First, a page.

Many of my professional and personal experiences have taught me that risk and opportunity are two sides of the same coin. The current covid-19 crisis will be no exception. I have learnt – often the hard way – that being prepared for major events is first about ensuring the resilience to survive, and having pre-considered options ready to go as soon as rare opportunities present. It is this combination of opportunity and threat that makes strategic risk such an important and compelling topic.
To start the strategic risk management process, businesses typically construct external scenarios which incorporate shocks such as geopolitical conflict, financial meltdowns, social disorder, terrorist attacks, cyber attacks, natural disasters and, of course, pandemics. What are deemed to be unforecastable “black swans” are very often framed at a high order in corporate scenarios, if not explicitly identified.
Our ability to envisage majorly disruptive events is not our problem. Trying to predict precisely what sorts of events these will be and when exactly they will occur is much more challenging. Investment groups such as Blackstone understand this dynamic well; as former MD James Mossman noted,
“The chance of any one of them happening is tiny, but the chance of none of them happening is also tiny”.
From a strategic risk management perspective, the key question for businesses lies in how effective they are in translating this knowledge both into business resilience and the adaptability to realise opportunity when events actually occur. Or as Charles Darwin put it,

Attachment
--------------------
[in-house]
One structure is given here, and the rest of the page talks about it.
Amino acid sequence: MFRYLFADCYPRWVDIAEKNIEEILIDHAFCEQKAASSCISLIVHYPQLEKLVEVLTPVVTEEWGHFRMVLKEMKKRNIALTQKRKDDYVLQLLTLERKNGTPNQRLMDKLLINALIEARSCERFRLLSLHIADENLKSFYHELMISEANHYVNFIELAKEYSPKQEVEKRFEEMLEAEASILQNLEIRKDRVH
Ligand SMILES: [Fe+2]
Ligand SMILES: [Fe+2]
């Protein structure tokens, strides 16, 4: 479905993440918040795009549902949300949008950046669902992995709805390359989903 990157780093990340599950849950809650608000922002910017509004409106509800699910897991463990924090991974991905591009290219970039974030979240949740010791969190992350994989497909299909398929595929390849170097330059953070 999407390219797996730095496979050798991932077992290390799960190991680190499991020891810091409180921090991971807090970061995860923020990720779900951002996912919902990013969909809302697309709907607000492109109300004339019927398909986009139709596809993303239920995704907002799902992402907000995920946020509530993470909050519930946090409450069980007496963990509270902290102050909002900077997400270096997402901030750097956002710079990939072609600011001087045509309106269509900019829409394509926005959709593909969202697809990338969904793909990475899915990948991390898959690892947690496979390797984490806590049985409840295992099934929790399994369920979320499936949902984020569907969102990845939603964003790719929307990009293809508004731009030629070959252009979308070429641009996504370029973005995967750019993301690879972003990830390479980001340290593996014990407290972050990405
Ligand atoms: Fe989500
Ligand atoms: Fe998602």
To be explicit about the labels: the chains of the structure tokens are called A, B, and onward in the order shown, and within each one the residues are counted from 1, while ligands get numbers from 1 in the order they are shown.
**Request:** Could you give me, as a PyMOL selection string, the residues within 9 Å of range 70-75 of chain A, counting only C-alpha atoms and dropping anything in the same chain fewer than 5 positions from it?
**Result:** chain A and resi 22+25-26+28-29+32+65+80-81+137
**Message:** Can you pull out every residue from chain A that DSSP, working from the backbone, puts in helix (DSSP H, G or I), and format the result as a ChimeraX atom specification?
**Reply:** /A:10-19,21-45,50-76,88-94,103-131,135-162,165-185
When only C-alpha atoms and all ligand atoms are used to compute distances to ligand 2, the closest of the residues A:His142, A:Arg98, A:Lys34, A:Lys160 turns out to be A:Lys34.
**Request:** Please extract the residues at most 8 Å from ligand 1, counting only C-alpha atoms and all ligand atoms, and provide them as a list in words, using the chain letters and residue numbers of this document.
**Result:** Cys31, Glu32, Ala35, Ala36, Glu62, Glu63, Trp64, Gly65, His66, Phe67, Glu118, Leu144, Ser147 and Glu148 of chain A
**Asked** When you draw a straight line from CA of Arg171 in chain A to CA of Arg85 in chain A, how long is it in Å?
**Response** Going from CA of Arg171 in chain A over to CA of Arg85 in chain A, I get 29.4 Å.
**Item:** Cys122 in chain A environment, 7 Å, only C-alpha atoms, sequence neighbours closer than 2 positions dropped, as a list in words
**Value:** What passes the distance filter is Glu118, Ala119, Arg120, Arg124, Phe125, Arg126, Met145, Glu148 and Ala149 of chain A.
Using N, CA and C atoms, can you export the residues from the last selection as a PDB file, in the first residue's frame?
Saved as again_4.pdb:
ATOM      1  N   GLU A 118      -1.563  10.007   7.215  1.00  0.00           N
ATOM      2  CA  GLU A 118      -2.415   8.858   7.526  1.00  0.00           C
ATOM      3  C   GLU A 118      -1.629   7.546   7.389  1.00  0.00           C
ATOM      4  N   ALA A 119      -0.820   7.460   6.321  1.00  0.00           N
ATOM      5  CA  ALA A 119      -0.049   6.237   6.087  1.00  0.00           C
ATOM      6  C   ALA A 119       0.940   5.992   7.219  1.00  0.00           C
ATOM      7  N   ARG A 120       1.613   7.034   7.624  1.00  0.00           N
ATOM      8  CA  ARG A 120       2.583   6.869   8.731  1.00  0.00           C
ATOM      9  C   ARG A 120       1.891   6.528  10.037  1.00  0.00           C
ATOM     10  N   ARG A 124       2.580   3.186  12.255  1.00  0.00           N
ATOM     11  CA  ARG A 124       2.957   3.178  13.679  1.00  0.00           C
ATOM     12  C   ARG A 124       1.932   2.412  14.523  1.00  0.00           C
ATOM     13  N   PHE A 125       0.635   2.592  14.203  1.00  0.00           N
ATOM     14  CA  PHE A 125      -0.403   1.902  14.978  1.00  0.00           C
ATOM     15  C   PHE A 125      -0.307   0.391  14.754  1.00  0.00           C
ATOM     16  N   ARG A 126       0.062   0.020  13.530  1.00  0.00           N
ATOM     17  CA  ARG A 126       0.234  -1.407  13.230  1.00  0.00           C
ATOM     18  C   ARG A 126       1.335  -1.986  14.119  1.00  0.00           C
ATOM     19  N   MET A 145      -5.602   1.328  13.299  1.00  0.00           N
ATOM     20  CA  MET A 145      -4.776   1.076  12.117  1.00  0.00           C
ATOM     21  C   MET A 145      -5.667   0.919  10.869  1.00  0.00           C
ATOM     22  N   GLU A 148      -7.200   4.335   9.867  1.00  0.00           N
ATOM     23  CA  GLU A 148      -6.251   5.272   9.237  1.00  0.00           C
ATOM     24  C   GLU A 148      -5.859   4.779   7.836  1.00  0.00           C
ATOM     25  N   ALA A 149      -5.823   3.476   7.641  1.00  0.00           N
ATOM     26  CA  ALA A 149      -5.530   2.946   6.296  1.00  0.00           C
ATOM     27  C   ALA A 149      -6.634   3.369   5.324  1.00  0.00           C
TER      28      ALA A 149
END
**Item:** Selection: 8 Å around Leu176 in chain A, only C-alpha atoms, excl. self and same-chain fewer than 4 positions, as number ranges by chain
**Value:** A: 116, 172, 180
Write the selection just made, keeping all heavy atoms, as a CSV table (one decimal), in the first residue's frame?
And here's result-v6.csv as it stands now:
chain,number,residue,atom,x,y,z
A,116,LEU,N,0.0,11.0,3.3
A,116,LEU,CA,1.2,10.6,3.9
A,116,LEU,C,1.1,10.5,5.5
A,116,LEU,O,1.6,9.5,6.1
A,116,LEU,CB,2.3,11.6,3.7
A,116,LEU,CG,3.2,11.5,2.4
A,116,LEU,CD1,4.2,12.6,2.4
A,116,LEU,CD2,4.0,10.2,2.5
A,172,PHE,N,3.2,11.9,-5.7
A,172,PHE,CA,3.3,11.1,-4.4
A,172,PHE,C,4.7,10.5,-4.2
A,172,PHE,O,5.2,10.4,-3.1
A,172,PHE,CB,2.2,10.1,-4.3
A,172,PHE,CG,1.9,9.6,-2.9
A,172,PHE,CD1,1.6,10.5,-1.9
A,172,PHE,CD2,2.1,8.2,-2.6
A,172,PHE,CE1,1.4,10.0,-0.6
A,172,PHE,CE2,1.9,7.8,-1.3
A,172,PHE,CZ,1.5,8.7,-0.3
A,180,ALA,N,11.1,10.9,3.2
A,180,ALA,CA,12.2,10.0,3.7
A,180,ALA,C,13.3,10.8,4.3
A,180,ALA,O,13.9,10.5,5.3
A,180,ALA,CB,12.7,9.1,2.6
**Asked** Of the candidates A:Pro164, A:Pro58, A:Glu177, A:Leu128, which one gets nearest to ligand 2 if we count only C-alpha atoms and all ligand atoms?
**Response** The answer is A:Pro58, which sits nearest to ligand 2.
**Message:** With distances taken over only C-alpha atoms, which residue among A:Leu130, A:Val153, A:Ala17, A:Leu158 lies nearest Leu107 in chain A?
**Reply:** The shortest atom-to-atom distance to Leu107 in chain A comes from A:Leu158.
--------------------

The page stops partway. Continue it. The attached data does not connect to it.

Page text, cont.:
“It is not the strongest of the species that survives, nor the most intelligent that survives. It is the one that is most adaptable to change”.
Our conversations with global mining CEOs over the past weeks highlight the challenge of translating awareness into action. Some miners identified and assessed of the threat potential of covid-19 as being higher than MERS or SARS as early as February. In the event, however, the sheer pace of events has been overwhelming, needing to move far more rapidly to make the most of temporal opportunities.
Managing strategic risk is a dynamic process. Its starts with taking a scenario view of potential events and then preparing playbooks which answer two fundamental questions:
- What embedded insurance should be adopted to build some resiliency to unexpected shocks; and
- What options should the business be prepared to deploy to spur future growth in these situations?
When events do occur, managing through them becomes an iterative process of mitigating immediate risks and evaluating the emergence of longer-term opportunities and threats.